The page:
The trailer for Star Wars: The Last Jedi is out! And boy, oh boy, but it’s wonderful. The next installment of the Star Wars franchise is expected in March, and this trailer has me champing at the bit. Check it out.
It’s easy to draw, write, and sketch on the iPad Pro with Apple Pencil, but it just doesn’t feel the same as when you put a real pen or pencil to paper. It’s slippery, too glossy, and feels like plastic. Furthermore, the Apple Pencil just doesn’t float across the screen the way a good pencil does on high-quality paper. A project on Kickstarter aims to solve that dilemma. The project is PaperLike, and the moniker really fits. The inventor has tried a bunch of different styli and screen protectors, and nothing felt quite right. That’s why he decided to make his own. In addition to making the iPad Pro feel like plastic, the overlay also reduces glare, eliminates fingerprints, and protects your screen from scratches. PaperLike will ship in June 2017, and you can get yours early for 17 Euros.
Robots are finding their way into our homes, and John Martellaro thinks Apple needs to set the bar for quality and security. John, along with Bryan Chaffin join Jeff Gamet to share their thoughts on Apple’s place in the personal robot market, plus they look at today’s iPhone 8 leak showing the Touch ID sensor embedded in the display.
Smile PDFpen 9 and PDFpen Pro 9 for the Mac are out, and are loaded with more than 100 new features. The new versions improve annotations, and table of contents editing; export to JPG, PNG, 1-bit TIFF, and flattened PDF, plus exporting to several resolutions; can make and open links in other files, and supports forms with calculations; improves font smoothing, and more. PDFpen Pro is my go-to PDF editing app and it’s much easier to use than Adobe Acrobat. PDFpen 9 costs US$74.95 and PDFpen Pro 9 is $124.95. The upgrades for both cost $30 and are free if you purchased after January 1st, 2017. You can download demo versions at the Smile website.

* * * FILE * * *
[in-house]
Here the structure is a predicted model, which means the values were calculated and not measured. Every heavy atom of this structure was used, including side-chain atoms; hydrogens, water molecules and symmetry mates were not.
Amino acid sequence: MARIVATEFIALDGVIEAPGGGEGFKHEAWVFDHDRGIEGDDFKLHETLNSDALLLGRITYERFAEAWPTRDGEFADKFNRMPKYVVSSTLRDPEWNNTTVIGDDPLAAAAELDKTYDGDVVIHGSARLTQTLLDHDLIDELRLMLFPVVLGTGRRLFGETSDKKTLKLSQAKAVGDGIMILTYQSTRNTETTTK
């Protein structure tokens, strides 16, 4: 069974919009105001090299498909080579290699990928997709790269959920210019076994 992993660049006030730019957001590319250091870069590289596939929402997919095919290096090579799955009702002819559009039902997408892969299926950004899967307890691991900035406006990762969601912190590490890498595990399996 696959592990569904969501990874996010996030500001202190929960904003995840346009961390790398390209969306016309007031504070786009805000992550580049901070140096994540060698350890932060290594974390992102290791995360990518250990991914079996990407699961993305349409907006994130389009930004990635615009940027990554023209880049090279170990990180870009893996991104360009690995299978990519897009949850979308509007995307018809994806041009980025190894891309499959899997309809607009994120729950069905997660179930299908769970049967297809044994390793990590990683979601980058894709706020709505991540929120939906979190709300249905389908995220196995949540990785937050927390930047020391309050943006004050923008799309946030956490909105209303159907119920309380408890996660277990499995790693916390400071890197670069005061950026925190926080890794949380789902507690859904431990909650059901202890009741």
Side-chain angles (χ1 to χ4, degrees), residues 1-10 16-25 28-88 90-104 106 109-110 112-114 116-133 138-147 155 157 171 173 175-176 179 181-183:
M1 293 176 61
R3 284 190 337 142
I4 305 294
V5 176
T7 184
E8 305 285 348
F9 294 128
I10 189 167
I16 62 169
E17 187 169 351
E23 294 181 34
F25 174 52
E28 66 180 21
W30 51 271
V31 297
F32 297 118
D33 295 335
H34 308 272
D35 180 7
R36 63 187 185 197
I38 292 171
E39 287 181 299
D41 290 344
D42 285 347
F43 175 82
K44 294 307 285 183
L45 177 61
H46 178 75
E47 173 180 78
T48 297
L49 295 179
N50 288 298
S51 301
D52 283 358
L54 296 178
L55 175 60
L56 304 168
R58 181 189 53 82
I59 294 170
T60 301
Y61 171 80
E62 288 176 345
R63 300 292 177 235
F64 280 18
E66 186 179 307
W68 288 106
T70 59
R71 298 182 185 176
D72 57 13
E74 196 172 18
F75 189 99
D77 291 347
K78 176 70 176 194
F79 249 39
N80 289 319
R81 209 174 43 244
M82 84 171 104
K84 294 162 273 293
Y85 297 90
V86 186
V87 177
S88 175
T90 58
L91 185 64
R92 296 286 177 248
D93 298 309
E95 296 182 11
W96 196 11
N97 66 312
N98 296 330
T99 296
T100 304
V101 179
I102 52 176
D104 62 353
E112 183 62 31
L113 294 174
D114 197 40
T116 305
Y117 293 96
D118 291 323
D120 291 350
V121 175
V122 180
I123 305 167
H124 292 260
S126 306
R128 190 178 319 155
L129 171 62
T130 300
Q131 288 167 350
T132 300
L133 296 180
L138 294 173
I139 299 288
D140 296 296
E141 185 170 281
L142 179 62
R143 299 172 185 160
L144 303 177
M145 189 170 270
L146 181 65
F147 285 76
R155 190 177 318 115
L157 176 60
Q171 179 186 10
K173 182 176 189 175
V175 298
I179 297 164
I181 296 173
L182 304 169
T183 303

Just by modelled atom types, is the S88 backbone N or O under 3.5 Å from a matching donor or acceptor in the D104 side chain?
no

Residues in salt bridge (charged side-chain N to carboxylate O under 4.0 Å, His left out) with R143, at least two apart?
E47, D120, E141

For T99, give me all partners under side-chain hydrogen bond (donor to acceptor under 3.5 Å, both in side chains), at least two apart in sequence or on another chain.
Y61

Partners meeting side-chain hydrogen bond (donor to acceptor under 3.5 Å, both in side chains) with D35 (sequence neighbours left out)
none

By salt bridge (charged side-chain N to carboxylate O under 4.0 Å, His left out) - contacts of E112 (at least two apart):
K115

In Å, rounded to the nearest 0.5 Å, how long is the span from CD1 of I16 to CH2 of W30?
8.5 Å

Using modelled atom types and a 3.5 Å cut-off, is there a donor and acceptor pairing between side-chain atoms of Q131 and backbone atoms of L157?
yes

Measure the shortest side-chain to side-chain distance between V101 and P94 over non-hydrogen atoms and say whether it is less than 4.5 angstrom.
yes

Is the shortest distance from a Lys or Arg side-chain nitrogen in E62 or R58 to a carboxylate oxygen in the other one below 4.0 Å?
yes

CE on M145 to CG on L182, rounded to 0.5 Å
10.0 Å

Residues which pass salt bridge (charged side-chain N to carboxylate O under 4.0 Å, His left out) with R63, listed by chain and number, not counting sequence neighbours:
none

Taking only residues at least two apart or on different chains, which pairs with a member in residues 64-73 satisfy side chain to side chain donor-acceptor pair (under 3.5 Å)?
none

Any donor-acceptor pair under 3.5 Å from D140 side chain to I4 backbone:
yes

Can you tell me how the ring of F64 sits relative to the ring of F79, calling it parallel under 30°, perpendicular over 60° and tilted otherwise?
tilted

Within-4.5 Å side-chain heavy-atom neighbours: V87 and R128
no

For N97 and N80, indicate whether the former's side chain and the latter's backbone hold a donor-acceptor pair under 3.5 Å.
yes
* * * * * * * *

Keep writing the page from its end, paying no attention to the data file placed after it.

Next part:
Apple reportedly has two iPhone 8 designs in the works: one with the Touch ID sensor on the back, and the other with it embedded in the display glass. Yesterday’s leak showed the backside Touch ID sensor, and today we get to see what the version with the sensor in the display looks like.
Apple is reportedly interested in bidding on Toshiba’s NAND flash memory business, and is looking into teaming up with Foxconn to make it happen. Apple is looking to invest several billion dollars in the company for at least a 20% stake that it would share with Foxconn.
We have a deal today on HoudahSpot 4, a desktop search tool that uses your Mac’s Spotlight index to mine into files and find exactly what you need. You can find files by name, text, content kind, file extension, author, recipient, pixel count, and more. You can get a family license through us for $19.
Apple has a no-longer secret team working on monitoring blood sugar through Apple Watch. CNBC scooped the story, citing three unnamed sources who said Apple’s efforts were originally envisioned by Steve Jobs.
George Stroumboulopoulos, host for CBC Radio 2, will become the newest Apple Music Curator with new show House of Strombo. A spinoff of his radio broadcast The Strombo Show, a ten episode show featuring video segments, artist interviews and behind-the-scenes details.